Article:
Another problem is with the shot where a body gets eaten by ants. Necessarily, it's speeded up but that doesn't make it: You see those ants shooting around like maniacs on speed.

Leininger. Leininger versus the Ants must be one of the most widely read science fiction stories ever, and a very good one too. I first read it when I was ten years old or so, and am ashamed to confess I don't know who wrote it. Positive it's in my collection somewhere but can't find it. Anyway, of course Phase IV contains a reference to it; very satisfactory.
Color Jokes. Apart from the expectedly strong graphic compositions to be admired in the cinematography of this one, keep an eye out as well for the many color jokes. Like when the ants get sprayed with a yellow insecticide, with result the next generation to attack is yellow.
Acting. I have read many disparaging remarks on Saul Bass as a director of actors, but cannot agree. The thing about this movie is, to me, that the acting is purposefully very subdued. No hysteria, which makes the intellectuality of the human reaction against the ant threat come over very strong. There are one or two things I cannot understand, like an actor rather emphatically starting to rub his arm as if it itches, which leads nowhere as far as I can see. (That must have been thrown in the cutting room waste-bin.)

Main Theme & Message
Nobody ever mentions this. You can read about how Phase IV starts where 2001 left off and all that, and it's true enough. Then again, it is written up as a science-fiction film where the very fact that the suspense is so subdued makes it becomes really powerful. But what the film really is about, to me, is the danger of preferring to use emotion rather than intellect.
The Ants are a fascist threat; they hold the attraction of the Mob. It is the scientific intellectualism, ratio that tries to save us from that, and fails, sadly and frighteningly: Only a pair of lovers finally survives and succumbs to it.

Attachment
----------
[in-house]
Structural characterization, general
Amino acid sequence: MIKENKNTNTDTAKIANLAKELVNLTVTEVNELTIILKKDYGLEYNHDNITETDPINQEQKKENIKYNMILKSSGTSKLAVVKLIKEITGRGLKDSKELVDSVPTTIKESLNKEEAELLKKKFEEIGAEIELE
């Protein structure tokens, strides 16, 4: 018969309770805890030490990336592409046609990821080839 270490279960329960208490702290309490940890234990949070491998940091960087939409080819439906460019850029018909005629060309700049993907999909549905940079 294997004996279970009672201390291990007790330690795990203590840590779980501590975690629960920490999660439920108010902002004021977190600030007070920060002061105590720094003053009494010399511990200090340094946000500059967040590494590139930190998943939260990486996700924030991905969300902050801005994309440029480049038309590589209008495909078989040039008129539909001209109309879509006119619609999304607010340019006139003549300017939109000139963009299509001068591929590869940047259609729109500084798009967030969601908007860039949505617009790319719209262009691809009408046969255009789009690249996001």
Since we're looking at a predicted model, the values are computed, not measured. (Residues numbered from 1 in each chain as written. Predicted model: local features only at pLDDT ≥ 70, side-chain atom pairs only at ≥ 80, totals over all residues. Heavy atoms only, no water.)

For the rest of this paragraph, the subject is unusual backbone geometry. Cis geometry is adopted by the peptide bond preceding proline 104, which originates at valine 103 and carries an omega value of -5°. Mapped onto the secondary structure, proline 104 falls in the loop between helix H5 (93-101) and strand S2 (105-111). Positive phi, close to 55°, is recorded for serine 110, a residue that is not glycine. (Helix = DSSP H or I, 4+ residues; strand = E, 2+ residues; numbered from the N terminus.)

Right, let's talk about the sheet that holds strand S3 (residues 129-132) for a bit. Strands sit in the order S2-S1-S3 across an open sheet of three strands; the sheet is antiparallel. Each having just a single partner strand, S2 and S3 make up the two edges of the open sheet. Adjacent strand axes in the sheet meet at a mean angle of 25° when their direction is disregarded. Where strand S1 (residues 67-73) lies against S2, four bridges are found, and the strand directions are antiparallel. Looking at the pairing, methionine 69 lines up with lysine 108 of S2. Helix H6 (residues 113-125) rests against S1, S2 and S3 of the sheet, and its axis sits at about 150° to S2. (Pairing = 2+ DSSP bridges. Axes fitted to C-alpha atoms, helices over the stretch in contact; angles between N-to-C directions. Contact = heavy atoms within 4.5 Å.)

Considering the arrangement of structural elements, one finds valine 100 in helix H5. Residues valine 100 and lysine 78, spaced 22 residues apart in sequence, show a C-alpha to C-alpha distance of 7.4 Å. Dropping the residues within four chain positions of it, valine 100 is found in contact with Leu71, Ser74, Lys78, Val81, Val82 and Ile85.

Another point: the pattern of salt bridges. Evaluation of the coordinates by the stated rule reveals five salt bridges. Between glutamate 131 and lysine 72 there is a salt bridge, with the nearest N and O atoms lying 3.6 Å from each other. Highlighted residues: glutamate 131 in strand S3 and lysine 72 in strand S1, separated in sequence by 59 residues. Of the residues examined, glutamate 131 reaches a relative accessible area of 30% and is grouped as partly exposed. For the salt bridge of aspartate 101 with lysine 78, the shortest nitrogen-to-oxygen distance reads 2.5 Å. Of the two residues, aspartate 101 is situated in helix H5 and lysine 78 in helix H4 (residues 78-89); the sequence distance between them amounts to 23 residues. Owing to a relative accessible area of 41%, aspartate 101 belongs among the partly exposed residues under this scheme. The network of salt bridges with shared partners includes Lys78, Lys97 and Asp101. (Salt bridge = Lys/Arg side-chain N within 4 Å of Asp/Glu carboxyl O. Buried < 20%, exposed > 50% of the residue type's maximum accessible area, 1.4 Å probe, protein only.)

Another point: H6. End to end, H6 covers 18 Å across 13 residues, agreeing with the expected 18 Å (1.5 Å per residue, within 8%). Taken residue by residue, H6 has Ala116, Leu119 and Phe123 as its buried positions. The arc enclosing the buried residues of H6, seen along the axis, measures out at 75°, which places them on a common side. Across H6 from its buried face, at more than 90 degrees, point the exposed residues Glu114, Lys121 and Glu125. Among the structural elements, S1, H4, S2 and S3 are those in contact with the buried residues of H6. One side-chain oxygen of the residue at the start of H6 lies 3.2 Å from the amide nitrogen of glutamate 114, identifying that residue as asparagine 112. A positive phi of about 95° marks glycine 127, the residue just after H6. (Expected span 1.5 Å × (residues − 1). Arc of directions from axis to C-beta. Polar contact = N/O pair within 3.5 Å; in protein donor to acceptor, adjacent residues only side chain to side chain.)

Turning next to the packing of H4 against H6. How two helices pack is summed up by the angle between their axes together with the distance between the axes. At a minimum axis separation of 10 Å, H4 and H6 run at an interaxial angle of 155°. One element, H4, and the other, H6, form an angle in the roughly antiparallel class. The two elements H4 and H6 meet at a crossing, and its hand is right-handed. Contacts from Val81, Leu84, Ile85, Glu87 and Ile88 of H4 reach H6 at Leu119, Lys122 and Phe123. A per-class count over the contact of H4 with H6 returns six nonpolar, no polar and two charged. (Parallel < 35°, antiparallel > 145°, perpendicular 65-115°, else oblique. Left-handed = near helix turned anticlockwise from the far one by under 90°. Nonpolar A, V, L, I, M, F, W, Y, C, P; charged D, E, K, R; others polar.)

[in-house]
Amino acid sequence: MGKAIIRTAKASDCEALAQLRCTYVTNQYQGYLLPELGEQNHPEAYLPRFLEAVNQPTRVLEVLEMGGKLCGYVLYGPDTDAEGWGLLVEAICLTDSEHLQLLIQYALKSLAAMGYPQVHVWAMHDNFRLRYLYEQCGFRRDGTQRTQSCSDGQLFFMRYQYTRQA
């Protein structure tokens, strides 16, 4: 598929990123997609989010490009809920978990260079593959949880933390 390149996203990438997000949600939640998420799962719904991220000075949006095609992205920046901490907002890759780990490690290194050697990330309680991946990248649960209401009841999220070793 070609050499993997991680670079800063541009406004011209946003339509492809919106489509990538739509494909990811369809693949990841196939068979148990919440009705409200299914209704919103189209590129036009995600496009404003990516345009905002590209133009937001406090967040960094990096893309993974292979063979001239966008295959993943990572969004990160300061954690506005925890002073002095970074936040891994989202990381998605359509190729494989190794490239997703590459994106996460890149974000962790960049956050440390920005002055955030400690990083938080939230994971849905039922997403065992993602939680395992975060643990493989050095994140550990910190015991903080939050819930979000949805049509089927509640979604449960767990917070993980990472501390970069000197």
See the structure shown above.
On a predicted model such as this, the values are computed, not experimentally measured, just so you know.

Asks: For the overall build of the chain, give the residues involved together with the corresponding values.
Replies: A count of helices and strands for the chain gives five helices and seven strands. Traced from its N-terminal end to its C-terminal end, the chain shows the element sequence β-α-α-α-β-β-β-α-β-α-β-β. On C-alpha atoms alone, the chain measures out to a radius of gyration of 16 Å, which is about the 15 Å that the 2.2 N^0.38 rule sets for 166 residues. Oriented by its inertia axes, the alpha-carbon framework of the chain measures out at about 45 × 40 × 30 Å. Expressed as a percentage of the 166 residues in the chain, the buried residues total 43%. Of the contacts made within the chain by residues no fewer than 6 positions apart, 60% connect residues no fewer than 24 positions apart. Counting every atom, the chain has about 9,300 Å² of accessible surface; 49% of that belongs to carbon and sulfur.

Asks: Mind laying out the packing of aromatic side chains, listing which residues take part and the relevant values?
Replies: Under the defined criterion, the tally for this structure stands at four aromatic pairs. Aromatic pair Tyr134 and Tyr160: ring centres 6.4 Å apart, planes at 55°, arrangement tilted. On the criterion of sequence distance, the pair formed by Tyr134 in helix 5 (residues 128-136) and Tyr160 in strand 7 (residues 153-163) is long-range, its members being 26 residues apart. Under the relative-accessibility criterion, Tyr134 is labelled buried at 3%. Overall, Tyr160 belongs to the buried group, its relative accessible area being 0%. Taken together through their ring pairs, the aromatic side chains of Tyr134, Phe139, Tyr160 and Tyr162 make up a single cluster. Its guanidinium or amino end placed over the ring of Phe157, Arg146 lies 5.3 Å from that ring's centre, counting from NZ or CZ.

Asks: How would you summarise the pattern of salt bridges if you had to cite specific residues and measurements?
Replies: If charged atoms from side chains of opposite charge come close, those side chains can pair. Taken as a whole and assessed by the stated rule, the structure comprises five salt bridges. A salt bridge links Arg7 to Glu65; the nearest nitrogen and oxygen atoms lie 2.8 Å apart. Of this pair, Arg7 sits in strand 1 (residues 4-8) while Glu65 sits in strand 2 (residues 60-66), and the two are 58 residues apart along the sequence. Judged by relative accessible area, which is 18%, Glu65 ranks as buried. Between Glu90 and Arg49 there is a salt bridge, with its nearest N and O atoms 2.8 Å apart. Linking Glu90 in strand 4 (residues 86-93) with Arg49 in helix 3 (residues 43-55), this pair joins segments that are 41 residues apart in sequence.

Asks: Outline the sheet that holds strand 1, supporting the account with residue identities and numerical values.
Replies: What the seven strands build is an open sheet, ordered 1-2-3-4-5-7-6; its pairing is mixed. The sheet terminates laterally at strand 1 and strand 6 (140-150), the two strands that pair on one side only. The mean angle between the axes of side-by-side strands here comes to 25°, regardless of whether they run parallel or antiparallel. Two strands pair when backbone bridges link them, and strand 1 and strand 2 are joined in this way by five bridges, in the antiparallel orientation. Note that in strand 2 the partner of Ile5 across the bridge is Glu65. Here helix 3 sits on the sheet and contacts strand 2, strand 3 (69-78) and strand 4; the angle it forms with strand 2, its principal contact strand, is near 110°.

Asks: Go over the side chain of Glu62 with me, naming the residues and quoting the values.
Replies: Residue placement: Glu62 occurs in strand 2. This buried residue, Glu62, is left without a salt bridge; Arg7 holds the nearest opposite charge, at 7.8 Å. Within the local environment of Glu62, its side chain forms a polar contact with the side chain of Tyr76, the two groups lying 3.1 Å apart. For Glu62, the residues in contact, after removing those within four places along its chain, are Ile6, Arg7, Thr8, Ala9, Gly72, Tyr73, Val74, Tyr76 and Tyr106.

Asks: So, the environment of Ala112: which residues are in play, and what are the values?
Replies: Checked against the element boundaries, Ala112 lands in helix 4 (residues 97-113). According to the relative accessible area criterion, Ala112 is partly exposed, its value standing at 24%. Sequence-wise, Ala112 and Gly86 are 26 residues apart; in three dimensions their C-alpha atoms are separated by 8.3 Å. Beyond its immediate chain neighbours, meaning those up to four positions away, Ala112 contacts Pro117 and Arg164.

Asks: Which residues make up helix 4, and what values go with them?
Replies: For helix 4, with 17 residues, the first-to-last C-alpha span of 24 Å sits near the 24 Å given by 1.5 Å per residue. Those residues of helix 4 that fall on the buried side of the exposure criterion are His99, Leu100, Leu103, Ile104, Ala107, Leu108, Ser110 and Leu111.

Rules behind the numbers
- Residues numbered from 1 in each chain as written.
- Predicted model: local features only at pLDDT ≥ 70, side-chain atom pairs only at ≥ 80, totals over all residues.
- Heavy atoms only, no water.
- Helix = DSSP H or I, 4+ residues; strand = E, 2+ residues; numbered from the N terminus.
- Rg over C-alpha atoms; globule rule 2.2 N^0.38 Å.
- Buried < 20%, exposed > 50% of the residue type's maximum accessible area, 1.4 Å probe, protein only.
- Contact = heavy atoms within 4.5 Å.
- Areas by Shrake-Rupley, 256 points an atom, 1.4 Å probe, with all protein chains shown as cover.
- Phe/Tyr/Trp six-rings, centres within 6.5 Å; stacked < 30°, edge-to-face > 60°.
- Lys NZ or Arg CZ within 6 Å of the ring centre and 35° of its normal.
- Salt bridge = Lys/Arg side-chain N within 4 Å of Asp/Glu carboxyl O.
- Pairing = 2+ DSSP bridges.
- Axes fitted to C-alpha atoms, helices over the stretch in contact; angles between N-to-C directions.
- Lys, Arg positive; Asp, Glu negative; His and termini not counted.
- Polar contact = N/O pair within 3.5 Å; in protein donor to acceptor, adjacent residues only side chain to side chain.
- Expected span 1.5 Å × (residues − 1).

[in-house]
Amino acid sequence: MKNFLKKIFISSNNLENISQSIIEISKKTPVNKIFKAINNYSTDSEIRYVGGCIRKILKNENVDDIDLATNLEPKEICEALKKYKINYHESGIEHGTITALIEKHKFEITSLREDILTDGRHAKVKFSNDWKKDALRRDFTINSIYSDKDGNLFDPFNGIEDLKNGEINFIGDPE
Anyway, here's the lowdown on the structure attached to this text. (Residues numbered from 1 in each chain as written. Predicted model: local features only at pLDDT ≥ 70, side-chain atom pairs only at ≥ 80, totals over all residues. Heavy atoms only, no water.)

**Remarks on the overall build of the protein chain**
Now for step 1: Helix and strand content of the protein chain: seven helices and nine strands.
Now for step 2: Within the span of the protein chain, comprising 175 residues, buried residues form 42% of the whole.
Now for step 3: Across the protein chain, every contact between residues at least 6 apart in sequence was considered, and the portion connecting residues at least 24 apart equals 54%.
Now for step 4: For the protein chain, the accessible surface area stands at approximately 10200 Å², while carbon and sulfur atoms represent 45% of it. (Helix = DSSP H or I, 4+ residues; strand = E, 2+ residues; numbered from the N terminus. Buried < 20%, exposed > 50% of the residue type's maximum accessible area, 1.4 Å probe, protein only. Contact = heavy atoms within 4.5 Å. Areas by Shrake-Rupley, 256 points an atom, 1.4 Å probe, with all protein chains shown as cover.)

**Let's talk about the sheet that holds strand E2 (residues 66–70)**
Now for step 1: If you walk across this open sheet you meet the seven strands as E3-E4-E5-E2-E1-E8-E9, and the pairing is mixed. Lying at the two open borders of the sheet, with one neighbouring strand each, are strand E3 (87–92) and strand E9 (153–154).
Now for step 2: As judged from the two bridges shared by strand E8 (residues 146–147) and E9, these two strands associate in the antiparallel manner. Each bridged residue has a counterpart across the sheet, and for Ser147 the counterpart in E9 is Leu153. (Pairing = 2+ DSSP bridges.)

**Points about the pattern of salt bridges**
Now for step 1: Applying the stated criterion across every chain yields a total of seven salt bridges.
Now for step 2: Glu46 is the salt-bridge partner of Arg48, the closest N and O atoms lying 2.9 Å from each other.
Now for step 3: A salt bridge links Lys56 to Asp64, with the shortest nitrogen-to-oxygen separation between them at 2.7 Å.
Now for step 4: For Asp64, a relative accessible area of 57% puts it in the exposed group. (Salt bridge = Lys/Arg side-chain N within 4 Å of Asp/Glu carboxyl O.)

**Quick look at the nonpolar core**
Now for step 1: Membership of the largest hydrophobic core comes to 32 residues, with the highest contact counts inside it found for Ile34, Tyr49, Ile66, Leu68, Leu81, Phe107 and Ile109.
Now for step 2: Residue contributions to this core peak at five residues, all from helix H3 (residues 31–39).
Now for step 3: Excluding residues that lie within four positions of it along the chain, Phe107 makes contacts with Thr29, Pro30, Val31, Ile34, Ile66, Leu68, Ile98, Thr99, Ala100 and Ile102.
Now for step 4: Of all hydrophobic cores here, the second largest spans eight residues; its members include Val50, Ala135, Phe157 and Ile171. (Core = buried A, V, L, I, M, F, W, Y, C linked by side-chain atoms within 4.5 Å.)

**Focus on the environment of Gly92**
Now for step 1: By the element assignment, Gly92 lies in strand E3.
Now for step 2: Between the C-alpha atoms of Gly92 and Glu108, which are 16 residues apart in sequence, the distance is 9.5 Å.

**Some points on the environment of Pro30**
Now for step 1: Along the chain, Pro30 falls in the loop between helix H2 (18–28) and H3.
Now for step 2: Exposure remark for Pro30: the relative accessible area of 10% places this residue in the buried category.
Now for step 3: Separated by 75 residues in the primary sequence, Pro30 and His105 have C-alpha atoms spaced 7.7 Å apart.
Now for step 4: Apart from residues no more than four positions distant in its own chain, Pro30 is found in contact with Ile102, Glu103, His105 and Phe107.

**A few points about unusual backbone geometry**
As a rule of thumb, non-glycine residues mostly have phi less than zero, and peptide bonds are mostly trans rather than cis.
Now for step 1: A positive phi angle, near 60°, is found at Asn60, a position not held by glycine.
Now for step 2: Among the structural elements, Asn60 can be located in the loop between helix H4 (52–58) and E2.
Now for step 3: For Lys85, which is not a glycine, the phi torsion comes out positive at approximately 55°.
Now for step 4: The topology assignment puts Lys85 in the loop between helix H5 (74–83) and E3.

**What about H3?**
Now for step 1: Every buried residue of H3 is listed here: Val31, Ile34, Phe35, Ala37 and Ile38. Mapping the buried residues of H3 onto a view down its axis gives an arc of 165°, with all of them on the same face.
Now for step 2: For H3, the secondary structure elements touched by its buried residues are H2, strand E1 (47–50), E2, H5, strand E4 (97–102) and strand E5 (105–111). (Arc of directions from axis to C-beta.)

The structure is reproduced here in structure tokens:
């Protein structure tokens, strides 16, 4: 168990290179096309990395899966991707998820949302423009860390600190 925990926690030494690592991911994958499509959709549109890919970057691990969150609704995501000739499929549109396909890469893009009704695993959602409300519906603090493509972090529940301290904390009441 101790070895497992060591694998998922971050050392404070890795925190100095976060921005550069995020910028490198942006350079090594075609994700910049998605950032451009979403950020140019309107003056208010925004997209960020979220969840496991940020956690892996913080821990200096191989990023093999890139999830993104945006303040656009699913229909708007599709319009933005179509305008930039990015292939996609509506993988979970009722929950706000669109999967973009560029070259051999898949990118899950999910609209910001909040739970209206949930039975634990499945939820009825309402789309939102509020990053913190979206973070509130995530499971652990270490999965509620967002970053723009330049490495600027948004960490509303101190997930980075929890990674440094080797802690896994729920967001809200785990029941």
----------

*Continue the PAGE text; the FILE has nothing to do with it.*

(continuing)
This is one of the main problems with Art versus Science, and I am sure that Saul Bass was very well aware of it. Art is emotional and can be very rewarding; but emotions always carry the potential danger of leading us down the path that leads back to the animal kingdom. That last shot, where the pair of lovers emerges from the darkness to join the ant society, is very cynical indeed. Extremely powerful and scary.
I wish I could put this better, but can't. It's all there in the film—a masterpiece that almost backfires.
How I wish there had been more Saul Bass features.
But Saul himself (and nobody ever mentions this either)
thought directing was a terrible job.
I tend to agree.

Phase IV
The ants go marching one by one, until the desert is overrun, in this provocative science-fiction story about ecological disaster in Arizona and how the area's ants band together to attack people. Nigel Davenport, Michael Murphy star.
VHS 86 min. DVD U.K. Canada

   What I like?
If you still haven't gathered from the above how and why I kind of like this movie, is it of any use to go on telling you so?